At the conclusion of the story, Mr. and Ms. Grant, leave the circus and set up a clown business in the small town which they now call home. Nicky and Saggy get their wish and can go to school and have friends over.

     The main plot is the story of Nicky and Saggy and their wish to run away from the circus. They love their parents but want to settle down and go to school. The humour comes in through the fact that, while most young people want to run away to join the circus, Caroline Adderson has reversed the roles of parents and children. The children are responsible and serious while the parents are always making jokes and doing things like buzzing a hand buzzer when shaking hands. A subplot is that of Mr. Fudge and his on-going romance with Sal-Sally. Sal-Sally is half woman and half man, brother and sister. Sally likes Mr. Fudge but Sal doesn’t, and so the relationship doesn’t work. When the boys run away, they meet Mrs. Horner who looks after them for a night. When Mr. Fudge and Mrs. Horner meet, they realize that they want to settle down together.

     Humour is a major part of the book. There are many humorous incidents including when Grandma Jack, who is a size 44, finds meaning to her life when she is under stress and helps out a farmer whose incubator breaks down. The delightful drawing shows Grandma Jack surrounded by the eggs. The other illustrations add to the humour of the novel and depict characters, such as Sal-Sally, so the reader can picture the character.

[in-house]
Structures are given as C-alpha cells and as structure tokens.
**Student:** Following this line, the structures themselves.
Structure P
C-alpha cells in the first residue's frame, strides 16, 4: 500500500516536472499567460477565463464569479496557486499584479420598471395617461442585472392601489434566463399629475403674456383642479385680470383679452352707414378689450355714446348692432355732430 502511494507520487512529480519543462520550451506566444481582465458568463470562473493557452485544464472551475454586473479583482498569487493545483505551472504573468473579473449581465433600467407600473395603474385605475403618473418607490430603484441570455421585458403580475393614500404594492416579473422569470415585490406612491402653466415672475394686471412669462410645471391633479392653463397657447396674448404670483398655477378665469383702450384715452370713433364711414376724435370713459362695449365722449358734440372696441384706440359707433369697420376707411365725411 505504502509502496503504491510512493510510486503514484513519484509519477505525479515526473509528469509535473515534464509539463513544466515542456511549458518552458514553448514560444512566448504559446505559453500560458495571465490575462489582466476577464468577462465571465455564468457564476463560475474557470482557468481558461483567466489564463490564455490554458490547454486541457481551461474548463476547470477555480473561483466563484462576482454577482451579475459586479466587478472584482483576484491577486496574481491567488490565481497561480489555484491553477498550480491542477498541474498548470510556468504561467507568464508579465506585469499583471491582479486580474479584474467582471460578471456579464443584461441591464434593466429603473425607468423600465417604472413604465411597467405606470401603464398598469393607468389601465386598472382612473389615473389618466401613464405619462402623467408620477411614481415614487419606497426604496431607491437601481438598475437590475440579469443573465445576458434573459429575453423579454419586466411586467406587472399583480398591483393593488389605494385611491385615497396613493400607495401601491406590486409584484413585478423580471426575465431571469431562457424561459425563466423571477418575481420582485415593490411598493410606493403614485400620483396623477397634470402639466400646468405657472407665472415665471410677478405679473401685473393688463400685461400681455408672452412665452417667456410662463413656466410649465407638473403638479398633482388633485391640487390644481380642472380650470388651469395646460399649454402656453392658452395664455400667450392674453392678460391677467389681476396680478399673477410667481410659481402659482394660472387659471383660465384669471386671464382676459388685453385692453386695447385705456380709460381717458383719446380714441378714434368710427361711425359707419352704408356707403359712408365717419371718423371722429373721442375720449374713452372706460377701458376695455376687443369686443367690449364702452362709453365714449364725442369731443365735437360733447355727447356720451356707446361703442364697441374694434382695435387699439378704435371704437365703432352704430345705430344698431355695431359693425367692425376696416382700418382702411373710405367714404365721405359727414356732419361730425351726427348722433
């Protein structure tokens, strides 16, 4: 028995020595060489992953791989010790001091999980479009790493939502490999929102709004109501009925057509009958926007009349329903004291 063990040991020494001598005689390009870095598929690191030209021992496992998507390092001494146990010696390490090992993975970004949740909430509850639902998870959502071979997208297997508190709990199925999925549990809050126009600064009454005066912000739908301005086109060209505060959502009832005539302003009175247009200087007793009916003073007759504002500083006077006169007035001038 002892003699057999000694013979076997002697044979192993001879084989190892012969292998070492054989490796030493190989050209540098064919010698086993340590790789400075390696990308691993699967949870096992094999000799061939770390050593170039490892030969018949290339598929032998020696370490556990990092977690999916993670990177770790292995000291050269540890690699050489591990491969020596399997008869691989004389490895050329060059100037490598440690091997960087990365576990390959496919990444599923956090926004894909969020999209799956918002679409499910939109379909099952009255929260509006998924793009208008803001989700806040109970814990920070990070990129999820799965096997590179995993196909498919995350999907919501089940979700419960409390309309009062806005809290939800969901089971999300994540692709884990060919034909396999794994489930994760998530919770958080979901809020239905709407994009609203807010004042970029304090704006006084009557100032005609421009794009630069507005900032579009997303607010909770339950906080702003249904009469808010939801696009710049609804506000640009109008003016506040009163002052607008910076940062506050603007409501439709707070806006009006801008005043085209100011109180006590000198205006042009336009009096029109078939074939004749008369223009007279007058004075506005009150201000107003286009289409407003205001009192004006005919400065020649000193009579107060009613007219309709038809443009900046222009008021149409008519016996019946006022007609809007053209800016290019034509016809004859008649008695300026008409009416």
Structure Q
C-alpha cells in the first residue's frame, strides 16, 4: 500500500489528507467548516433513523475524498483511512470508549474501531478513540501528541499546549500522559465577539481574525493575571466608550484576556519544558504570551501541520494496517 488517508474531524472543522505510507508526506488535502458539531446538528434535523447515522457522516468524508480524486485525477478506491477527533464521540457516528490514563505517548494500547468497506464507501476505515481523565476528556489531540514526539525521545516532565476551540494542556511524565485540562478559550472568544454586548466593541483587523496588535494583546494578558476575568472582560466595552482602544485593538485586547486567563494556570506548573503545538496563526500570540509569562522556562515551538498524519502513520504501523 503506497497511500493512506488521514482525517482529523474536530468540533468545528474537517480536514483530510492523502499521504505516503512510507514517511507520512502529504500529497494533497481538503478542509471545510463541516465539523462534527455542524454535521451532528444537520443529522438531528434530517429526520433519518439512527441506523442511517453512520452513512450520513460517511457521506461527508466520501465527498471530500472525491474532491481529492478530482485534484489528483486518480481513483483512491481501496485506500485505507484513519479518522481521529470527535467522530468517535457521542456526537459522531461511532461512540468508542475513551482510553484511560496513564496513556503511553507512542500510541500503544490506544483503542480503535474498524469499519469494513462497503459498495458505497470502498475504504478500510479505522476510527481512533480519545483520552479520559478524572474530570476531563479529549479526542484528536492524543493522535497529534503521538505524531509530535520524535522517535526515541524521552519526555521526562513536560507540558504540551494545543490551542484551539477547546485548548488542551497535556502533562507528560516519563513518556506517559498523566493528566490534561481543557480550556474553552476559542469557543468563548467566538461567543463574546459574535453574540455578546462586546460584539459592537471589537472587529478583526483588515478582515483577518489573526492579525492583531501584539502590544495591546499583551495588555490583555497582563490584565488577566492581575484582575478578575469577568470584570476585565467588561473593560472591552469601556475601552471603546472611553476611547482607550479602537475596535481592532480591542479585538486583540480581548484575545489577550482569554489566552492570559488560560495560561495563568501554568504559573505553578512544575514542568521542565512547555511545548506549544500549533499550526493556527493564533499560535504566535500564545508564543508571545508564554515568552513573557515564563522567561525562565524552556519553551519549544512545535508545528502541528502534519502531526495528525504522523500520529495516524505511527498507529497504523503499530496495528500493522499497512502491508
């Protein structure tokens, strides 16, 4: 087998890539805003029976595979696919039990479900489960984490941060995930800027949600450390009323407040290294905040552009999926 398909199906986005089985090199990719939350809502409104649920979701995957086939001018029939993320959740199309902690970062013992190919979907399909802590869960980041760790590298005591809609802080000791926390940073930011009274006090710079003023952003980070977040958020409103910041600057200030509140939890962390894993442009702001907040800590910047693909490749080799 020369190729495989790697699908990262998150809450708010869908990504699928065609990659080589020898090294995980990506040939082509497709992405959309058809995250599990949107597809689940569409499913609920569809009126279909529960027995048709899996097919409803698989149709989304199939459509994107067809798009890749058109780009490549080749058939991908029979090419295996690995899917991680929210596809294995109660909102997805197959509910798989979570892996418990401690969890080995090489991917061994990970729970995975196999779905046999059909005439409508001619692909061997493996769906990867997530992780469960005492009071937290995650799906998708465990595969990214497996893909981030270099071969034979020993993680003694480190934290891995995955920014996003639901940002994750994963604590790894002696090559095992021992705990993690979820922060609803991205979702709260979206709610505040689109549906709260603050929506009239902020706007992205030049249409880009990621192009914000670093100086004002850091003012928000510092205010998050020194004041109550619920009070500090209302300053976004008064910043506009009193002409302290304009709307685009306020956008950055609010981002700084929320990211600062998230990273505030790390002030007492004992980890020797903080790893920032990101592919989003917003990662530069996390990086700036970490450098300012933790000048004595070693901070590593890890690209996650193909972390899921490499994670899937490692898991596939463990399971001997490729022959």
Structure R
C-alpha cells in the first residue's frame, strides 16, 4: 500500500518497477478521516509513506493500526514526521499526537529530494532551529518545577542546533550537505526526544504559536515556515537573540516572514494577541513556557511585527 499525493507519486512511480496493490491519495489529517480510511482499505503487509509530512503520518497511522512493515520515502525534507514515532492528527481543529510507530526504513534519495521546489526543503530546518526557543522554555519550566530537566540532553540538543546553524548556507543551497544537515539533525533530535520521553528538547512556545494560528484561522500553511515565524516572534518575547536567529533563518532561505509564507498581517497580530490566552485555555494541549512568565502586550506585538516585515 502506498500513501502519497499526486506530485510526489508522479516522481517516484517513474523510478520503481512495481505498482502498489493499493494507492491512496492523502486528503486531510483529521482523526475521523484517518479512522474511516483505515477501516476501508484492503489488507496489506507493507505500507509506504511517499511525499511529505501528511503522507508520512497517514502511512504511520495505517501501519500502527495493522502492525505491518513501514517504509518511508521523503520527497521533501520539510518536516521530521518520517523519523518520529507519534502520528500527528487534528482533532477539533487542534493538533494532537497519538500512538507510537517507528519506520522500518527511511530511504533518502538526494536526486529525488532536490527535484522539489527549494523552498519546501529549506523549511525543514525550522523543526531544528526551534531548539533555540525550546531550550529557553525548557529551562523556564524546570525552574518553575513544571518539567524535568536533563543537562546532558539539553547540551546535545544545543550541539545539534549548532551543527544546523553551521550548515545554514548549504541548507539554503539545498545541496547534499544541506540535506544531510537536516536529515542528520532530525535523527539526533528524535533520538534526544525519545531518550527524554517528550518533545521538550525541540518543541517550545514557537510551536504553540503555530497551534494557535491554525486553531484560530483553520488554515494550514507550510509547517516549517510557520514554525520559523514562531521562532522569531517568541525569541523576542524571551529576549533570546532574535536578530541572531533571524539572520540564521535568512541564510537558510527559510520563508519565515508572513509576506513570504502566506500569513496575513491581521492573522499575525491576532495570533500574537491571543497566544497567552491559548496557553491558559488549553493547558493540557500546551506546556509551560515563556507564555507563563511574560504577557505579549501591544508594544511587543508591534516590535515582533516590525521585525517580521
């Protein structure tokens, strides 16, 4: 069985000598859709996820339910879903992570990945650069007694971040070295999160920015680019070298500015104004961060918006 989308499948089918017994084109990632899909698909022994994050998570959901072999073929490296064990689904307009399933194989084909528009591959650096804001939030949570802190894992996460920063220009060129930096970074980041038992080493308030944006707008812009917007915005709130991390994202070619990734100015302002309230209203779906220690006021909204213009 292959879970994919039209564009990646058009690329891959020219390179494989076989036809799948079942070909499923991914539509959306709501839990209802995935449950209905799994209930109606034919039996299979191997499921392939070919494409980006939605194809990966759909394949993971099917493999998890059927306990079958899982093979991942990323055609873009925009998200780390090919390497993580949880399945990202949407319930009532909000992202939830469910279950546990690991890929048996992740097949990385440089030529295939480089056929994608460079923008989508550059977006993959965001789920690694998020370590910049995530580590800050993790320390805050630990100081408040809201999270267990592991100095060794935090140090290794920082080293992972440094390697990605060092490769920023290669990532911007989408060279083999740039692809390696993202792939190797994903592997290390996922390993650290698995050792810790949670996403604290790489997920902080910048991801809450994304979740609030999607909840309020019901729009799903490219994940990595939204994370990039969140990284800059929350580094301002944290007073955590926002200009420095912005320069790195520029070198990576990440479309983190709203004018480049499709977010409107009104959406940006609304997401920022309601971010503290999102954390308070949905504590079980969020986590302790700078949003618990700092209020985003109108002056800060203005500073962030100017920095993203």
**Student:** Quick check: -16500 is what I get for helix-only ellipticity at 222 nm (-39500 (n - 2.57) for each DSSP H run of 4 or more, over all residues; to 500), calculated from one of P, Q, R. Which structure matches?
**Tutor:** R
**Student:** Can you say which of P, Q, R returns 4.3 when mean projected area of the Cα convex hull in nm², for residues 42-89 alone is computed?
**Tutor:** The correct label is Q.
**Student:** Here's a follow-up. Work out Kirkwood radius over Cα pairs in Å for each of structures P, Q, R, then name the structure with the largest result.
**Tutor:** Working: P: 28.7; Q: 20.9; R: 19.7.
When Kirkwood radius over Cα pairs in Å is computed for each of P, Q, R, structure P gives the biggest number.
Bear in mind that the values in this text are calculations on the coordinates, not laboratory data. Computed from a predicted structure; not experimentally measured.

The style of the novel is a journal written for the reader as if Nicky wants everyone to understand what his family is going through. He types his manuscript on a typewriter which is almost out of ink. Indeed, part way through the book, the ink runs out, and Nicky continues with Saskatoon Berry juice, which is reddish-purple. This also runs out, and the final page is very faint which also adds to the mood of the story. Another positive part of the book is the vocabulary which Nicky explains to the reader.

     My co-reviewer and I enjoyed the story, the characters and the humour. Very Serious Children would be an excellent addition to a school or public library. The novel would be a good choice as a read-aloud selection in a classroom. Readers, both male and female, who enjoy humour, adventure, realistic fiction, or just a good read would enjoy this novel.

Highly Recommended.

Deborah Mervold, an educator and teacher-librarian from Shellbrook, SK., is presently employed by Saskatchewan Institute of Applied Science and Technology (SIAST) working in the areas of faculty training and program development. Kessa Gerein is a Grade 5 student in Saskatoon where she enjoys reading, basketball and dance.

To comment on this title or this review, send mail to cm@umanitoba.ca.

Copyright the Manitoba Library Association. Reproduction for personal use is permitted only if this copyright notice is maintained. Any other reproduction is prohibited without permission.
Published by
The Manitoba Library Association
ISSN 1201-9364
Hosted by the University of Manitoba.